Former Director of Central Intelligence Woolsey and I have written in the Wall Street Journal that it is too risky to tolerate North Korean launches of their Unha-3 space launch vehicle or their Taepondong-2 ICBM--we should blow them up on the pad in a surgical strike.

During President George W. Bush's Administration, former Secretary of Defense William Perry and Ashton Carter, until recently President Obama's Deputy Secretary of Defense, both advocated such a policy. They urged President Bush to surgically destroy North Korean long-range missiles under development--because it would be too dangerous to allow North Korea the capability to deliver a nuclear weapon against the United States.

Now that North Korea has Super-EMP weapons, and the capability to deliver them, preventing their launch of weapons or "satellites" over the United States is even more imperative.

More important than ever, vital to national survival, is protecting the electric grid from EMP and the other elements of an all-out Cyber Warfare Operation. Bills enjoying strong bipartisan support are before Congress designed to protect the grid--the GRID Act, the SHIELD Act, and the Critical Infrastructures Protection Act. But these have been stalled, blocked from a vote, by lobbying from the electric power industry, especially the North American Electric Reliability Corporation.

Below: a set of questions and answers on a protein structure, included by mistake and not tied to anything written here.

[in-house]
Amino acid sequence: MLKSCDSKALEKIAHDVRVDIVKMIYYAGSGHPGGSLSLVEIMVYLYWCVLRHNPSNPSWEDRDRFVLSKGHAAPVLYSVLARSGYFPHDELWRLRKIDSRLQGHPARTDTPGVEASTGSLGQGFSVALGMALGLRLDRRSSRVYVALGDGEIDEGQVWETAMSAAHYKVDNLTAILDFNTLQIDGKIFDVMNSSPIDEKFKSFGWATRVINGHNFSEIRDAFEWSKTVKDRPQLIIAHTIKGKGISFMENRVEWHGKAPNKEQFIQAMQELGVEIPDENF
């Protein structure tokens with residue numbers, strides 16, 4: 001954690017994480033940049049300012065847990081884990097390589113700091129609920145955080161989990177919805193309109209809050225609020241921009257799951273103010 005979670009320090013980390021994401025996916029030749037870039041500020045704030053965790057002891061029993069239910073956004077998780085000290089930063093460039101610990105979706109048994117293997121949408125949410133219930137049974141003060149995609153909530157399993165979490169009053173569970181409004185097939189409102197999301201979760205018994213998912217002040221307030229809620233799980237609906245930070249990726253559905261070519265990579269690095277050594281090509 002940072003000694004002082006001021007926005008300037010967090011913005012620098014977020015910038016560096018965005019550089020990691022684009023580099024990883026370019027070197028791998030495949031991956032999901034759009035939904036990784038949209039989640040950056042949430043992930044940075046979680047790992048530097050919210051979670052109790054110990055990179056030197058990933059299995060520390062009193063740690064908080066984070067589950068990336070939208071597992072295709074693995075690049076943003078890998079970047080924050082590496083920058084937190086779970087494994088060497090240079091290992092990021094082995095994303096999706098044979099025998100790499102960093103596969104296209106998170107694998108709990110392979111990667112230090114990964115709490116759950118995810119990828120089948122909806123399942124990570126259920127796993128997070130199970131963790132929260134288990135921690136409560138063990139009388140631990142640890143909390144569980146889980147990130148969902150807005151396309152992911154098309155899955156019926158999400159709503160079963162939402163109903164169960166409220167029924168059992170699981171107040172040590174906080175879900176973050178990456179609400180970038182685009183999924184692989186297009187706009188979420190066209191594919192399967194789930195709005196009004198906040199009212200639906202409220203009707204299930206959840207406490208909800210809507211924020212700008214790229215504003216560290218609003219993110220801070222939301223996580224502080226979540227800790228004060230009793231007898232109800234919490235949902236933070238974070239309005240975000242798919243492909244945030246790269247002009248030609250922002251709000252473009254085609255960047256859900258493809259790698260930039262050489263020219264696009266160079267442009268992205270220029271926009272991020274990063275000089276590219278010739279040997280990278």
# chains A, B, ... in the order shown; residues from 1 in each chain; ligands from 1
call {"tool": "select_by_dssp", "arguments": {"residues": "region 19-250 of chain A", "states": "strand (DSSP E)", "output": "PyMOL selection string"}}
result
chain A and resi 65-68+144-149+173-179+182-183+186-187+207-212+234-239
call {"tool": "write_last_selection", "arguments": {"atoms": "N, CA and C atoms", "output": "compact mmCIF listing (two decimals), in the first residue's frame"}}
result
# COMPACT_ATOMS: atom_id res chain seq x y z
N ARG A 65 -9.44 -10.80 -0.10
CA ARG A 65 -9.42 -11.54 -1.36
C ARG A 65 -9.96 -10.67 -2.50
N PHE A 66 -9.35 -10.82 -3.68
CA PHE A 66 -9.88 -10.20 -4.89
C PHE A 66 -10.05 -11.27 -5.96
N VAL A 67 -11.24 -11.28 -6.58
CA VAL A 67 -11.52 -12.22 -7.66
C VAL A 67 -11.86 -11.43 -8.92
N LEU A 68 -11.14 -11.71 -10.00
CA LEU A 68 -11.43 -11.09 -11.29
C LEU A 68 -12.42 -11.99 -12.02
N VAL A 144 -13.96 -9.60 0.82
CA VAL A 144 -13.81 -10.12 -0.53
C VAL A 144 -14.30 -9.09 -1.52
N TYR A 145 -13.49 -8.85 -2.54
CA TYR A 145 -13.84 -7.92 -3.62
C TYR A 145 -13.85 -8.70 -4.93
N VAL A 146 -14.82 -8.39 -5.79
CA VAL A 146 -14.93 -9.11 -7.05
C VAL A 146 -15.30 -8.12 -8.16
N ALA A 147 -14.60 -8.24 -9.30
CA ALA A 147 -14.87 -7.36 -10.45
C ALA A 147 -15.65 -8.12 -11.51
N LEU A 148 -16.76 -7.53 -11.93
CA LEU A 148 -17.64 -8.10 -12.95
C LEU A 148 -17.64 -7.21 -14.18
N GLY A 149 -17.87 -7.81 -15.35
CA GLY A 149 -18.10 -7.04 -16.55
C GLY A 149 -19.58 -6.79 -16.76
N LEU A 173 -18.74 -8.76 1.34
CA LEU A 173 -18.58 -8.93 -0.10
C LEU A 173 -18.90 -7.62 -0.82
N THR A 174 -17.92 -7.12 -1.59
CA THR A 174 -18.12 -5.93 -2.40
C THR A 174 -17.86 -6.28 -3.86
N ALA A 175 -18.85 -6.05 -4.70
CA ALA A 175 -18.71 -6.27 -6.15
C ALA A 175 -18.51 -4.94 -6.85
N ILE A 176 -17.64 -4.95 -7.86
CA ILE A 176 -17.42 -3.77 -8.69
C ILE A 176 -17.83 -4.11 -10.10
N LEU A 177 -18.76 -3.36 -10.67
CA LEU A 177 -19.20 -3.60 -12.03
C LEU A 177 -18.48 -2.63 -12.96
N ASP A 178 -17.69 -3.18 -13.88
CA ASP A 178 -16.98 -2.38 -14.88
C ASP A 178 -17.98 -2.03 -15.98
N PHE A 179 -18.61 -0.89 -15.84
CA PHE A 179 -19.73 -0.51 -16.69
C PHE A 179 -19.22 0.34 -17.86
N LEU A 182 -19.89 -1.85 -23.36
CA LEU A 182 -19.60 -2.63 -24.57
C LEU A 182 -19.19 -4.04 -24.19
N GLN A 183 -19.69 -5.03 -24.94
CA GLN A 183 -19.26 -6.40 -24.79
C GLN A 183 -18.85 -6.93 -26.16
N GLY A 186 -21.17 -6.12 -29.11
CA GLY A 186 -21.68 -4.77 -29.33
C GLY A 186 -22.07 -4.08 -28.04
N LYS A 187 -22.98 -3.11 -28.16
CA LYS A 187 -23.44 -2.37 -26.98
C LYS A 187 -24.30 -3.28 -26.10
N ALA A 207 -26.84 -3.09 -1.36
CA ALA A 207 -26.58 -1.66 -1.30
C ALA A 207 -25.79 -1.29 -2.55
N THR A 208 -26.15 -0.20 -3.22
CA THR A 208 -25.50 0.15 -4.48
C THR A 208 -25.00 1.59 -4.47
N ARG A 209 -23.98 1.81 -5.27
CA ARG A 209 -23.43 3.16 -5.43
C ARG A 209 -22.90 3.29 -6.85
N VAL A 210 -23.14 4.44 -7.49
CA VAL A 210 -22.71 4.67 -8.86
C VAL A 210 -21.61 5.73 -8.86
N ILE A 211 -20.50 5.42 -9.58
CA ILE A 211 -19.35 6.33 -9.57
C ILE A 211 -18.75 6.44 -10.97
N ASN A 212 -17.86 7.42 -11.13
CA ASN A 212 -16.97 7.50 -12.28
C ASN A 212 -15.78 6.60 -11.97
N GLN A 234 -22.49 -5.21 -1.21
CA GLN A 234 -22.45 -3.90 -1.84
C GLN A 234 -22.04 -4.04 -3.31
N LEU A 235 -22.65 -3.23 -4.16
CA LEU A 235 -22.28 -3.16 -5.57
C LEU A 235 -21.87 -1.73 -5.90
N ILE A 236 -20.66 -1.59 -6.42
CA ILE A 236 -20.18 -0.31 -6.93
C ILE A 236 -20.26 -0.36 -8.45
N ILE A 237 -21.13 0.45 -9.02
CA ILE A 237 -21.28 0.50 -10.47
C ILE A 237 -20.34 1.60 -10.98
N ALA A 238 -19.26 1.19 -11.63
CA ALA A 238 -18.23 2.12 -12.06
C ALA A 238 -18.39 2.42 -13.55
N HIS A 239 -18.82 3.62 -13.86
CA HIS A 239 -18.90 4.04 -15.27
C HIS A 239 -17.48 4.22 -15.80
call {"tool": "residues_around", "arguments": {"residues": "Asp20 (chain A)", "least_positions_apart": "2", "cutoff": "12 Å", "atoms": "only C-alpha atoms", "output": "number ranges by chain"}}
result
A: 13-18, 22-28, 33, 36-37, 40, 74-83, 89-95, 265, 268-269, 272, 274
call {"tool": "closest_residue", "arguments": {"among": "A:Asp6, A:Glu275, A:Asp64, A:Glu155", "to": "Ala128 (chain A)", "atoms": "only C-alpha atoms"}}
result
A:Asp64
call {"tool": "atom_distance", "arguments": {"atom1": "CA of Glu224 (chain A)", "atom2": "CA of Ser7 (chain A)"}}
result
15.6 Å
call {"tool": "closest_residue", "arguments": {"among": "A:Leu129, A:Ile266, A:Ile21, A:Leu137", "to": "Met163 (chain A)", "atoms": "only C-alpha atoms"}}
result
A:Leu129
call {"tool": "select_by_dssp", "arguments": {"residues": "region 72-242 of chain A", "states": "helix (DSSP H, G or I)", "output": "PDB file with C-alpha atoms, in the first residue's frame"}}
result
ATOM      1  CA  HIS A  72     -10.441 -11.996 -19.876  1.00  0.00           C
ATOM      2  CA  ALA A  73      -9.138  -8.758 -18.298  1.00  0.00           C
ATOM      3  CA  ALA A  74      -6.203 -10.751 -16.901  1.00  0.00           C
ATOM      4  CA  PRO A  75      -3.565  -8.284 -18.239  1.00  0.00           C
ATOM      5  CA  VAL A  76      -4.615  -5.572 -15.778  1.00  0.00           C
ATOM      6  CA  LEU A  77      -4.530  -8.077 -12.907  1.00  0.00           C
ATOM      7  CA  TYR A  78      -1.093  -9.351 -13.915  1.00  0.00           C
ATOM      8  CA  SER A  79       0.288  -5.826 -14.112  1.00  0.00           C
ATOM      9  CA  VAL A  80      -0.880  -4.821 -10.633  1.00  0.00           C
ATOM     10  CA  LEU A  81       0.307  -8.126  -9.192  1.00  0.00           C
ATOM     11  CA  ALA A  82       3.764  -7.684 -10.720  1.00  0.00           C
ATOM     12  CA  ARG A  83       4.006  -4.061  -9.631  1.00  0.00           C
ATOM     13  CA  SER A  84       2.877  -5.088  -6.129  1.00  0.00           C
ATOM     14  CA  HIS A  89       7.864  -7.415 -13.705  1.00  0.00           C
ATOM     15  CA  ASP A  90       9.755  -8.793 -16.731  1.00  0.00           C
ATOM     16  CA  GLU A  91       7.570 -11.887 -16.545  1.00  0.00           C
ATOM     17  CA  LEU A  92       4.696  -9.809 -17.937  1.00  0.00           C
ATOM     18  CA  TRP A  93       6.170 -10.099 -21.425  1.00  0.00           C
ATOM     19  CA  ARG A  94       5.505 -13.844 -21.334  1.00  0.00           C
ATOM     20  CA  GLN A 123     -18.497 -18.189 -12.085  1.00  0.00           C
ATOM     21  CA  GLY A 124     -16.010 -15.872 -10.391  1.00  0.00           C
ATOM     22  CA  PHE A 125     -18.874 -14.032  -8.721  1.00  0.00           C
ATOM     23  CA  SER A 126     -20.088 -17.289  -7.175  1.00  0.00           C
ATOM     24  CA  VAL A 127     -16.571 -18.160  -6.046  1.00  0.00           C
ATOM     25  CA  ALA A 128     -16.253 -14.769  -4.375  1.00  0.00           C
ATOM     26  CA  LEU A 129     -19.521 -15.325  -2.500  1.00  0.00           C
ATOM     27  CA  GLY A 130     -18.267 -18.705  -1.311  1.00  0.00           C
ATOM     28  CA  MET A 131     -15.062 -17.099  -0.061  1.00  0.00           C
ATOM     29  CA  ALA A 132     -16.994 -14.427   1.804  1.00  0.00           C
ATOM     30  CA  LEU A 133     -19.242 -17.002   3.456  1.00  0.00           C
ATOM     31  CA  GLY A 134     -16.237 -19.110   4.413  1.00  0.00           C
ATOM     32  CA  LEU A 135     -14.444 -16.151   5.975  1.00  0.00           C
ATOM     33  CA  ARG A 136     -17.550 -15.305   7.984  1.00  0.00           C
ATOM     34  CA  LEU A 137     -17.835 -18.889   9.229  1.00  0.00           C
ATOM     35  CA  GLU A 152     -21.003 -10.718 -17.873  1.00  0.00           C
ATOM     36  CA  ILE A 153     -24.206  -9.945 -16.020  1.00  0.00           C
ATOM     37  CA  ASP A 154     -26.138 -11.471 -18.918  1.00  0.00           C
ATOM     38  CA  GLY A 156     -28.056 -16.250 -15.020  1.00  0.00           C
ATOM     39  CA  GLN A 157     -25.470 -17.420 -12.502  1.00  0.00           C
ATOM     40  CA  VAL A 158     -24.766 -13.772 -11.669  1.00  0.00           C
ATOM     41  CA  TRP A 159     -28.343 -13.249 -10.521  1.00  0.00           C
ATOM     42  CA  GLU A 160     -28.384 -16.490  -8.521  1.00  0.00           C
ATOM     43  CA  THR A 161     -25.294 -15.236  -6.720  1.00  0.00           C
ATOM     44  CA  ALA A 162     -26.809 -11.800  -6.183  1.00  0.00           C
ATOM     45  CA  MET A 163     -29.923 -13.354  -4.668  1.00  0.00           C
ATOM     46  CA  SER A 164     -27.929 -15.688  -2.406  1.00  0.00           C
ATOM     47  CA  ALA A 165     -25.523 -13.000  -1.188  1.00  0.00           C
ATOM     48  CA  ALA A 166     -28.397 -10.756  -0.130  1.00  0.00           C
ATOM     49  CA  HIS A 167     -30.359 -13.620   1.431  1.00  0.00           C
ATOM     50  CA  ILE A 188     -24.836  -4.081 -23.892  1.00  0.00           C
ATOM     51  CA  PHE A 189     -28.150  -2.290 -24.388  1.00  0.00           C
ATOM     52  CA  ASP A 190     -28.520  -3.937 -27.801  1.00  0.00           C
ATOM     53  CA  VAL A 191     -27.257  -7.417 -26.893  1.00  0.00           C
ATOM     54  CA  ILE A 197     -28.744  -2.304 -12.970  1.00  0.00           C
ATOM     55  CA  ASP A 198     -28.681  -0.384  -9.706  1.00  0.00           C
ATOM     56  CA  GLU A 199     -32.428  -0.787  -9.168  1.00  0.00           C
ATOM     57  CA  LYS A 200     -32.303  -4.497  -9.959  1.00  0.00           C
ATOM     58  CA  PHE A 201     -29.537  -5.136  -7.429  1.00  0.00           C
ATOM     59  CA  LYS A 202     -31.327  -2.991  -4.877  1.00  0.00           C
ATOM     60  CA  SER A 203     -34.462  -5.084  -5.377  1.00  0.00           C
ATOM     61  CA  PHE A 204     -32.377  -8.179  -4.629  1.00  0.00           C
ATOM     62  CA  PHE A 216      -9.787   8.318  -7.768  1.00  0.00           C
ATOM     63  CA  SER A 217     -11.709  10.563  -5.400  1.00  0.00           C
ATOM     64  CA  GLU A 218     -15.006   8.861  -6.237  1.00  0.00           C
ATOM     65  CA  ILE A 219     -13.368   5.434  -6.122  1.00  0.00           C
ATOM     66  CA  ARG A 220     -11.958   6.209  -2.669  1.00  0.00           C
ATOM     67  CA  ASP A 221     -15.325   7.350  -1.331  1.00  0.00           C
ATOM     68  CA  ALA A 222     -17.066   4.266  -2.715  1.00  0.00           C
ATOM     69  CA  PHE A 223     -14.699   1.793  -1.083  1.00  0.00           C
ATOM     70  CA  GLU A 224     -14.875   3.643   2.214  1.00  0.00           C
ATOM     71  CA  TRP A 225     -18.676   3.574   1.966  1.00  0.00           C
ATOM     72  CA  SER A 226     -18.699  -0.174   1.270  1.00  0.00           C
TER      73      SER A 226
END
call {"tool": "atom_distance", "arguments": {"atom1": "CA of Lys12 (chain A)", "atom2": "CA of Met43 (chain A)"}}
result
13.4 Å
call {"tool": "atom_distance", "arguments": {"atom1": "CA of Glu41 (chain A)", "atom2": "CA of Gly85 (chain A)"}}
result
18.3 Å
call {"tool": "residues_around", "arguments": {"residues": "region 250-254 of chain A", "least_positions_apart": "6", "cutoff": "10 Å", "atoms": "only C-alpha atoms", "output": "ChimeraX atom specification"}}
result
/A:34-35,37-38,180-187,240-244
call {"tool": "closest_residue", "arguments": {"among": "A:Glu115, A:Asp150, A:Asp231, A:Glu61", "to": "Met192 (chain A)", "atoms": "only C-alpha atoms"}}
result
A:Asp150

State initiatives to protect the grid from EMP and other threats have been more successful and appear to be a promising way to achieve progress. Maine and Virginia have already passed initiatives to study protecting their State grids. Florida, New York, New Mexico, Utah, Oklahoma and Indiana have movements afoot to introduce grid protection initiatives, instead of waiting for Washington to act.

Finally, Ambassador Henry Cooper, former Director of the Strategic Defense Initiative, has excellent ideas about how we can quickly bolster National Missile Defense with Aegis cruisers and Aegis ashore interceptors to patch the holes in our defenses--especially to the south. Ambassador Cooper is our nation's foremost expert on missile defense. During the Cold War he was deeply involved in efforts to protect our military forces from EMP.

And then we have this article from World Net Daily, titled: "State warns on EMP: There's no help coming". We're glad there is some level of government recognizing the EMP threat. Just too bad it's not the Federal Government.